If the nest is inaccessible or out of sight and there is the
likelihood of babies, wait until the young are grown enough to come out on their own. At that point, a one-way door may be installed over the opening and left in place until no more sounds are heard inside the attic for several days.
To remove squirrels from a chimney with a fireplace: It can be
assumed that the squirrel heard scrambling in a chimney is trapped unless there is clear
evidence it is able to climb out on its own. DO NOT TRY TO SMOKE
A SQUIRREL OUT OF A CHIMNEY a trapped squirrel or babies may be killed. If the squirrel is not trapped, proceed the same as with a nest in the attic as described above.
If the squirrel is above, or has access to the flue damper, a
means of escape may be provided by hanging a ¾ inch or thicker rope down the chimney. Be sure to tie one end of the rope to the top of the chimney before lowering the
other end, and make certain that it reaches the damper or smoke shelf. The squirrel
will climb up the rope and escape, usually within a few (daylight) hours. After it is certain that the squirrel has escaped, remove the rope and screen the chimney,
preferably with a commercially-made chimney cap. One company that sells these caps
is Chim Cap Corp.
120 Schmitt Boulevard
Farmingdale, NY 11735
If the squirrel is down in the fireplace (presumably behind
the fireplace doors or screen), try tapping on the door and scaring it back up above the
damper. If successful, close the damper and proceed as above. If the squirrel cannot or will not leave the fireplace, the next best option is to obtain a suitable live
trap, bait it with peanut butter and set it very carefully inside the fireplace.
Close the doors and leave the room to wait for the squirrel to enter the trap. As a precaution, before opening the doors of the fireplace to set the trap, close any interior doors in the room and open an exterior door or window in line of sight from the
fireplace. In the event that the squirrel gets out of the fireplace, DO NOT CHASE IT; just sit quietly. It will instinctively
head for the light of the open door and go outside. After the squirrel has been removed, screen the chimney as decibed above.
To remove a squirrel that is loose in the house: A squirrel that has entered a house has done so by accident and does not want to be there. If its exact location is known, close interior doors to limit its movement and open a window or exterior door in the room. The squirrel will find the opening if it is left alone. If for some reason it is not possible to give the squirrel an exit, set a baited live trap on the floor near the squirrel and leave it alone for a few hours. Squirrels can be captured in a blanket if trapping is not an option. Approach the squirrel with the blanket covering your body so that it does not see a human form. Drop the blanket on the squirrel and roll it up, taking care not to put too much weight or pressure on the animal. Then take the blanket and squirrel immediately outside and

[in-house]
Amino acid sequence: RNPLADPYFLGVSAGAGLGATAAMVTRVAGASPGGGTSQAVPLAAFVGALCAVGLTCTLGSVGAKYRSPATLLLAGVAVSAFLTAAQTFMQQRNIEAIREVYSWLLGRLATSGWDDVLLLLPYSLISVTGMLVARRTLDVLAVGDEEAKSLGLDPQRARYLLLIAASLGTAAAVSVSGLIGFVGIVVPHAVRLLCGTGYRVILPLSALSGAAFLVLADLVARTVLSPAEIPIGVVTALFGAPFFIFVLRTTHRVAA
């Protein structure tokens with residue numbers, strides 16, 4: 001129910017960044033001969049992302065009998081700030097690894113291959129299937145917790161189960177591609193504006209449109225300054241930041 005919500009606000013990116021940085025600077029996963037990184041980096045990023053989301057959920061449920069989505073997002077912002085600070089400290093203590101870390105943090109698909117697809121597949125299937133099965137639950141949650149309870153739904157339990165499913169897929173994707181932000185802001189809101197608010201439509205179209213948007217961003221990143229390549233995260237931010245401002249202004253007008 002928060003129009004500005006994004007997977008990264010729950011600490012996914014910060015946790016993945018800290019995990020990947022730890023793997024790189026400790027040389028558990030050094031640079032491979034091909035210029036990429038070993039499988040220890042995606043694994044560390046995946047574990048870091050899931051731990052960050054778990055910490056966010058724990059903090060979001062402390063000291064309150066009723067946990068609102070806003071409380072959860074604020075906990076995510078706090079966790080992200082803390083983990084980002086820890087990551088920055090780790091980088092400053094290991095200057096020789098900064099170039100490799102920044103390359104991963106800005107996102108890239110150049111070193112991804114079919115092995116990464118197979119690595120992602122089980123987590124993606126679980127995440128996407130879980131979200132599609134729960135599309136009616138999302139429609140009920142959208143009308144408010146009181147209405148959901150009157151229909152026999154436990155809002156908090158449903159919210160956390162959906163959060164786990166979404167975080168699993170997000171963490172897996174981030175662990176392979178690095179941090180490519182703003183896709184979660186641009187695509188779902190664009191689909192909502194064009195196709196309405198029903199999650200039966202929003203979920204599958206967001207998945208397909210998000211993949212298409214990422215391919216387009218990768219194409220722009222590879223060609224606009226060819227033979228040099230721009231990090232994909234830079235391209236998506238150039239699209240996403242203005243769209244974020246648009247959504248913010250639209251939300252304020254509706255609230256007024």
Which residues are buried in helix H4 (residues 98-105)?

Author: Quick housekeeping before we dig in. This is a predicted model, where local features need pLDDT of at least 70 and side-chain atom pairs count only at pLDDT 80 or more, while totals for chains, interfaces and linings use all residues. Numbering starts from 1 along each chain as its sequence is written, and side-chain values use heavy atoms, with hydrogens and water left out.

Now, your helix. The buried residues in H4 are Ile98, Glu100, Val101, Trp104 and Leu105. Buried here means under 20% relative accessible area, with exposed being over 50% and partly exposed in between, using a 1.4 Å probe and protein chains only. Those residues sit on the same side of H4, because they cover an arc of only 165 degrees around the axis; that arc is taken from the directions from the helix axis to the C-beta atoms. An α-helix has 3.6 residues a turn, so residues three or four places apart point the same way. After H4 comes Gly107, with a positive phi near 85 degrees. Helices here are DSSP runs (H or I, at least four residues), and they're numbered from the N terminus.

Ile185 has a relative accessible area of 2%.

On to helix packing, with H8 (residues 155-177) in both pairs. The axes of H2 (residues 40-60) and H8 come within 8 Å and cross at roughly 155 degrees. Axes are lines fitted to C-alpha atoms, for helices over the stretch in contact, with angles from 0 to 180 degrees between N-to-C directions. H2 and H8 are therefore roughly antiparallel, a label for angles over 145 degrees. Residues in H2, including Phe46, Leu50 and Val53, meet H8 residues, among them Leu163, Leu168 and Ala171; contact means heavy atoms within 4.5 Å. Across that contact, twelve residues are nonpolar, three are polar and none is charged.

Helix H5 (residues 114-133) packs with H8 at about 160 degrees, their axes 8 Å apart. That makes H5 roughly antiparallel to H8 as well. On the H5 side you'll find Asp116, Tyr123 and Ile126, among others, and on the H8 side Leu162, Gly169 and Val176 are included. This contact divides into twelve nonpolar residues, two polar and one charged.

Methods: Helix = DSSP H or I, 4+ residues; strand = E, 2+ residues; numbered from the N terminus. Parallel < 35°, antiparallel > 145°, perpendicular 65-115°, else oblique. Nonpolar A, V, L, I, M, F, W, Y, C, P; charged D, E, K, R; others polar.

unfurl it, letting the animal escape. Once the squirrel has been removed, it is important to discover how it got into the house and prevent it from happening again.
Look for tracks in soot or dust around the fireplace or furnace that may indicate that it came down the chimney, and check the attic for evidence of a nest or entrance hole that
may need attention.
Keeping squirrels away from bird feeders: There are various types of specialized feeders available that can keep almost all squirrels at bay. Some are
designed to respond to the greater weight of squirrels and larger birds by closing a metal
cover over the birdseed when they climb onto the feeder. Squirrels have difficulty
raiding a feeder hung from a tree branch on a wire that is more than 10 feet long.
The feeder should be positioned at least 8 feet away from any limbs or structures from
which the animals might leap. If a squirrel does slide down the support wire, a
plastic or metal umbrella-shaped commercial or homemade baffle can be mounted over the
Preventing squirrels from damaging plants: Squirrels rarely do
significant damage to plantings, so when damage is observed, the first step is to make
sure its not being caused by another animal. Squirrels are only active during
the day, so it should be possible to observe the damage happening. If it is
determined that a squirrel is responsible, consider the possibility of preventing access
to the affected plant. For instance, one or several fruit trees that are isolated
from surrounding trees may be protected by wrapping a 2-foot band of sheet metal around
the trunk about 6 feet off the ground. Branches growing below 6 feet may have to be
trimmed. Small fruit and nut trees can be protected by netting the entire tree for
the short period of time when squirrel or other damage is most likely to occur.
To learn more about squirrels, visit
Squirrel Wildlife Rehabilitation.